An Affidavit of Title is a legal document containing a sworn statement where the seller of a piece of real estate swears that they hold the property’s title.
In other words, an Affidavit of Title is legal proof that a seller owns a property and has the right to sell it to another person.
An affidavit of title form is a commonly used legal document in real estate purchase agreement transactions and other property transactions where there is a transfer of ownership.
What is an Affidavit of Title?
An affidavit of title is a legal document created by a seller and designed to protect the buyer of some type of property.
The transfer of ownership of property may be a home, including a townhome or condominium. It could be a cottage or vacation property.
It might be a piece of land with no buildings on it. An affidavit of title does not distinguish between these property types and is common in many real estate transactions.
In the affidavit, the seller makes several sworn statements.
These statements include:
- Confirmation the seller is, in fact, the owner of the property in question;
- Confirmation the seller is not currently in bankruptcy proceedings;
- The seller is not also selling the property to another buyer; and
- A detailed list of any liens on the property or a representation of no liens, encumbrances, lawsuits, or other legal issues against the property.
Why Are Affidavits of Title Confirmations and Details Important?
Confirmation of Ownership
With few exceptions, only the property owner can sell the real estate. Confirmation of ownership assures the purchaser that the seller is the valid owner and that they are the only property owner.
Confirmation the Seller is Not Currently in Bankruptcy Proceedings
When someone is in bankruptcy proceedings, many legal issues arise, like limits on what they can do with their possessions, including real estate.
During bankruptcy, another person, called a trustee, decides whether an owner can sell a property and under what conditions. The property owner must get permission from the trustee to sell the property.
Consequently, an Affidavit of Title assures the purchaser that the owner is in a position to make decisions, such as selling the property.
The Seller is Not Selling the Property to Another Buyer
It is illegal to sell the exact property to more than one buyer. Nonetheless, it often happens in real estate transactions, so assurances from an Affidavit of Title are standard.
This assures the buyer they are the only one giving money to the seller in exchange for title to the property.
Liens and Affidavit of Title
What do liens have to do with an affidavit of title?
The Presence of Property Liens
A “lien” is a claim a property owner either grants against real estate or involuntarily receives (per the law). A lien won’t prevent a sale of the real estate – it just dictates who gets the money from the sale and in what order.
A title company or attorney should ensure someone pays liens before property transfer and there is a clear title before passing the title to the buyer to minimize unexpected legal issues.
The Absence of Property Liens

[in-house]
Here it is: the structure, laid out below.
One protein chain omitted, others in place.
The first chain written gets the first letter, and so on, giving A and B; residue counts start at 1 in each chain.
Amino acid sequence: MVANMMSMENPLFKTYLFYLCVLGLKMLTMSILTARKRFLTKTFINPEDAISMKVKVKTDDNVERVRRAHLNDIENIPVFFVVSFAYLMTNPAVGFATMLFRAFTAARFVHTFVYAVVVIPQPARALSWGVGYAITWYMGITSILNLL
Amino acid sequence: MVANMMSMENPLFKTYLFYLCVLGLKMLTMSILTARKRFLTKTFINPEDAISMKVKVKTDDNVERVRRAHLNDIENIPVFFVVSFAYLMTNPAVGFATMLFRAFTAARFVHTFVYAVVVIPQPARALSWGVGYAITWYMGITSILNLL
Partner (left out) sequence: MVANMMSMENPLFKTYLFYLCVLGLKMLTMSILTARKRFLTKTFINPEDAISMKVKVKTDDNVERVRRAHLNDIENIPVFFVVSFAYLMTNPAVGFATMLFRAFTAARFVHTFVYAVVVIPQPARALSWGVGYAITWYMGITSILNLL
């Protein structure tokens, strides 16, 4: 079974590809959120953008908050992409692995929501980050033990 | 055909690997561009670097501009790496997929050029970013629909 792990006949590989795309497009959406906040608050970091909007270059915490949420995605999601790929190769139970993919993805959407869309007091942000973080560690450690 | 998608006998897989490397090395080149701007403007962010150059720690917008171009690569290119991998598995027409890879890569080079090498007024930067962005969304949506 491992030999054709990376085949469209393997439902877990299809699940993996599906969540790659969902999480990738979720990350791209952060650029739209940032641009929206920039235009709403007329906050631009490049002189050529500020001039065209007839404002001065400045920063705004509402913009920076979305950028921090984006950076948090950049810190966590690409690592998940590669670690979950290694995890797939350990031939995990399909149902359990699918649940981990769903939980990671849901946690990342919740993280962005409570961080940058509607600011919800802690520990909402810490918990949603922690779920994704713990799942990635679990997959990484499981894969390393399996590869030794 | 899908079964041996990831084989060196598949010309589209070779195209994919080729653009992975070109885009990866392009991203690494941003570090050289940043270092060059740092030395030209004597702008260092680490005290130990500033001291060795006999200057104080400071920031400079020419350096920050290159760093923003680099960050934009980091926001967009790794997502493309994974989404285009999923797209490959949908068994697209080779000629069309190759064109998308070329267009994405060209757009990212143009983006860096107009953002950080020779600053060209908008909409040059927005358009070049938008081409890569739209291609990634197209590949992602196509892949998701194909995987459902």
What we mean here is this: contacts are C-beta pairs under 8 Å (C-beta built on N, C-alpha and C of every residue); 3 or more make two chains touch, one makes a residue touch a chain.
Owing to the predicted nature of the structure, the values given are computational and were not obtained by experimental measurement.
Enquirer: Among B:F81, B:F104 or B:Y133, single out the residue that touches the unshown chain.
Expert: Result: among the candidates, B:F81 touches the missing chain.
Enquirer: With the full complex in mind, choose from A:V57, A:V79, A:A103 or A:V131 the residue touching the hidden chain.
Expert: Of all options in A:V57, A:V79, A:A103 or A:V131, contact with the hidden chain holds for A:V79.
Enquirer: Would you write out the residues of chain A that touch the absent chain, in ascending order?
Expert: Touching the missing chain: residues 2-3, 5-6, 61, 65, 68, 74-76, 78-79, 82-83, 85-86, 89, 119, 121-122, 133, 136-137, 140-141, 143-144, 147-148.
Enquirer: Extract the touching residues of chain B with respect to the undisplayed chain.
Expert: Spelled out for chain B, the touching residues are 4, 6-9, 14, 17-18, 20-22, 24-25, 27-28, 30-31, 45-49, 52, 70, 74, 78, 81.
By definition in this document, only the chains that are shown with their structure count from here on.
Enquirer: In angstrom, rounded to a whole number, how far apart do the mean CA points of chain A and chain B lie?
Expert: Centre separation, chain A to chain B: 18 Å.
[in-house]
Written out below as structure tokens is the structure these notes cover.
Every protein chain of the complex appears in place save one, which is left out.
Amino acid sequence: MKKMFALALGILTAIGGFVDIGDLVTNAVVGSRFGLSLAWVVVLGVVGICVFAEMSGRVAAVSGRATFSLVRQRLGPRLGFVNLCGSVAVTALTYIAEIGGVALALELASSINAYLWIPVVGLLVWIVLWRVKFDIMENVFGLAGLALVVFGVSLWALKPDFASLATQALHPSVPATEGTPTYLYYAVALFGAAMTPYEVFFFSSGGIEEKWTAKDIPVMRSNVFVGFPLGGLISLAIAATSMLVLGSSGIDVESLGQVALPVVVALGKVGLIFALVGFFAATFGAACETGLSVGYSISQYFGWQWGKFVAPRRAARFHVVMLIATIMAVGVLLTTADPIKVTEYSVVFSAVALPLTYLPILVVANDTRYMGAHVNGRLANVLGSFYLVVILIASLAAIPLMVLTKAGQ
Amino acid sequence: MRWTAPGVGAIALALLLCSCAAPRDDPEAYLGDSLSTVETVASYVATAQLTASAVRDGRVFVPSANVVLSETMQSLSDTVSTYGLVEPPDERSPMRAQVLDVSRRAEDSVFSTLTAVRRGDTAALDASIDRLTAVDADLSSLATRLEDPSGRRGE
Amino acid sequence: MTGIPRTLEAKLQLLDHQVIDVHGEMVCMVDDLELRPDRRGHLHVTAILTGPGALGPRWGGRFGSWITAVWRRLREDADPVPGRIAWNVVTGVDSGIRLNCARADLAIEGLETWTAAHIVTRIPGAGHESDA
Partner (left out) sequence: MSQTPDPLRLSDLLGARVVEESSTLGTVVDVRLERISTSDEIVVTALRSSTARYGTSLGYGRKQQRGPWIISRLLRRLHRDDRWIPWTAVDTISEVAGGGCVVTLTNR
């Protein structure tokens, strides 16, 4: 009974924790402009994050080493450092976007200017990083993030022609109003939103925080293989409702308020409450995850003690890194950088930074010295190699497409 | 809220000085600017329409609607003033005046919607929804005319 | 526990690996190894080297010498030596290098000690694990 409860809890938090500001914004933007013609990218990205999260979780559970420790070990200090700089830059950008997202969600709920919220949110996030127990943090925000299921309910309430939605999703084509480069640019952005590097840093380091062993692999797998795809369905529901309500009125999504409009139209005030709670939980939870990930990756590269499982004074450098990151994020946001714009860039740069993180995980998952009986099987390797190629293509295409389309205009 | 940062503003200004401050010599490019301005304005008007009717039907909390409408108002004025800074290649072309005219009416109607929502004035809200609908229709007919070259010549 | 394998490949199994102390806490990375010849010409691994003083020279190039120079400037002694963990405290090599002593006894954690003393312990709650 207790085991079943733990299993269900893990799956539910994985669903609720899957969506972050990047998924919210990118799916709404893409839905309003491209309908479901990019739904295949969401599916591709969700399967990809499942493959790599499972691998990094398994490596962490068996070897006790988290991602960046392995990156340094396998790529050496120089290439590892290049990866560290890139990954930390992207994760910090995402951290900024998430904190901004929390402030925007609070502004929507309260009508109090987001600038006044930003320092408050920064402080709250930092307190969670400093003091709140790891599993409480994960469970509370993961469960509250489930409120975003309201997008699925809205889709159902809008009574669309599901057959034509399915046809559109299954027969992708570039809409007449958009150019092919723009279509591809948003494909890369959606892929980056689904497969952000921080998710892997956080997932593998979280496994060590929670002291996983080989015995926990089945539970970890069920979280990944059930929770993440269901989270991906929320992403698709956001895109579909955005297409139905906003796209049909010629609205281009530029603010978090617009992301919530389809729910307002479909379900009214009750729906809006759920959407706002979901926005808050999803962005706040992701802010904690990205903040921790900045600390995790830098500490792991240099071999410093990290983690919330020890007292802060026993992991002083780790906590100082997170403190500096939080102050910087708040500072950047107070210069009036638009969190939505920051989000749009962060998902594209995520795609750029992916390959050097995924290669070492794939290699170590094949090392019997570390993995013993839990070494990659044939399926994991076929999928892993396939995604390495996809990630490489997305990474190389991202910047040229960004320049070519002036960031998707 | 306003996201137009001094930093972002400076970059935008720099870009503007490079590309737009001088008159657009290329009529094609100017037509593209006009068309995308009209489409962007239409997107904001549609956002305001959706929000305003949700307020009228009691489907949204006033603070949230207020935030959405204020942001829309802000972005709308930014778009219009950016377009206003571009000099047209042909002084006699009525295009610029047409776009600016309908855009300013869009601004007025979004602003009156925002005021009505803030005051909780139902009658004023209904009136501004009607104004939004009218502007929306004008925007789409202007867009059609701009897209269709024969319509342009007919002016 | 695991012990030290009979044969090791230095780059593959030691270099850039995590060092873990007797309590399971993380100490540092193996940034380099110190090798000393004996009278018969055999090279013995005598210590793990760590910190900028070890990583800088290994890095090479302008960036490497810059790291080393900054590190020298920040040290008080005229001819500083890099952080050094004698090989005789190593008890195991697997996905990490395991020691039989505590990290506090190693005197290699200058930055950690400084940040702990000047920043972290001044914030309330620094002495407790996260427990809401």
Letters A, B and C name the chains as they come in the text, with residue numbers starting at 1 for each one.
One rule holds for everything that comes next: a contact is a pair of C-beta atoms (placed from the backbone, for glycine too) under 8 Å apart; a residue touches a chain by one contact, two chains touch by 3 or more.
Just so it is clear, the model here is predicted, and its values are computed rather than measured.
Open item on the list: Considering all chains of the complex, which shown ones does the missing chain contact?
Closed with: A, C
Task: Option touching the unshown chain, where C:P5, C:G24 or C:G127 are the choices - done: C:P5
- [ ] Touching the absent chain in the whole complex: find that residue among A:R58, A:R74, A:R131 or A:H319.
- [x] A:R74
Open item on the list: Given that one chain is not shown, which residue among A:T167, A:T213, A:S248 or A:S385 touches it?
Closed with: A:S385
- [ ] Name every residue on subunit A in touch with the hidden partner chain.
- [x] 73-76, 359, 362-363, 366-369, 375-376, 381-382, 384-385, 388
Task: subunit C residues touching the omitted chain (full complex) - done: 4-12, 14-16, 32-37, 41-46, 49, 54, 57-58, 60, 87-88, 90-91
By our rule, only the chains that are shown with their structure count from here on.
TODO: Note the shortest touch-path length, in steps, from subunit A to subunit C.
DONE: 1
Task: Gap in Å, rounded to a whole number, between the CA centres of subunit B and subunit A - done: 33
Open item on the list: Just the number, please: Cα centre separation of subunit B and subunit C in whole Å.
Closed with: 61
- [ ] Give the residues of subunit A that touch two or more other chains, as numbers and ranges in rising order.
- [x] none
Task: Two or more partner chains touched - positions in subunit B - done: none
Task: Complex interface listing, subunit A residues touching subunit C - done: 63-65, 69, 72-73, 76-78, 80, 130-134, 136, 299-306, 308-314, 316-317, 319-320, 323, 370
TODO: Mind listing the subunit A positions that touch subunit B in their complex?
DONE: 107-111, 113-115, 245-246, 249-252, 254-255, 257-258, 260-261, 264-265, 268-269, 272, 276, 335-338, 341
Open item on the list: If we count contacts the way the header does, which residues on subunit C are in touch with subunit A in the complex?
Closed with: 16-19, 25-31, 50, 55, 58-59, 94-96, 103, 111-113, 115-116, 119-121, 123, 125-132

If a property is free of liens, no one has a financial interest in the property other than the property holder. This assures the purchaser the property owner is free to sell the property to anyone they choose, without obligation to others.
Affidavit of Title PDF Example
This sample affidavit of title is a record of property ownership by a fictional “Seth Martin”.affidavit of title example
When Do I Need an Affidavit of Title?
If You Wish to Buy Real Estate
If you are planning to purchase property, an affidavit of title provides proof of several essential things and helps minimize unexpected legal issues.
The most common situation for using an affidavit of title is when someone is buying or selling property, such as:
- Land with outbuildings; or
A home, including:
- Houses; and
- Cabins or Cottages.
While an affidavit of title is a good idea for any property sale, title companies offering title insurance require them. Because title companies require them, most mortgage lenders will also require affidavits of title.
In summary, an affidavit of title provides security to a purchaser should a subsequent issue challenge the title.
Proof of Ownership
An affidavit of title offers evidence that the owner is, in fact, the owner. Selling property by a fraudulent non-owner is a common real estate scam, so make sure you use an affidavit of title in your real estate transactions to minimize risk.
Proof of Salability
An affidavit of title also provides information about whether or not an owner can sell the property.
For example, if the seller is currently in bankruptcy proceedings, they must get approval from a trustee before selling the home, which can take a significant amount of time. Additionally, the affidavit will confirm that the seller is not in the process of selling the property to someone else.
Affidavits of title can also include other information, such as:
- If there are any easements on the property; or
- If there are any boundary disputes.
If You Wish to Sell Real Estate
If you are the property owner, an affidavit of title can provide assurances to the purchaser as outlined above.
These assurances include that you are who you say you are and are free to sell the property at your discretion.
Whether you are buying or selling property, creating an affidavit of title takes little effort, so it is wise to use this legal document in all real estate transactions involving a sale.
It can protect buyers and sellers, so there is no reason not to execute one.
Title insurance is a low-cost way to protect yourself and your property from surprises.
What are the Consequences of Not Having an Affidavit of Title?
Without an affidavit of title, real estate purchasers cannot protect themselves from several unfortunate scenarios and potentially costly legal issues that could impact their legitimate claim to the property.
Some consequences of purchasing property without an affidavit include the following:
Contending with Unexpected Legal Issues
- Judgments against the property;
- Boundary line disputes; or
- Other legal issues that prevent clear titles.
Becoming Responsible for Liens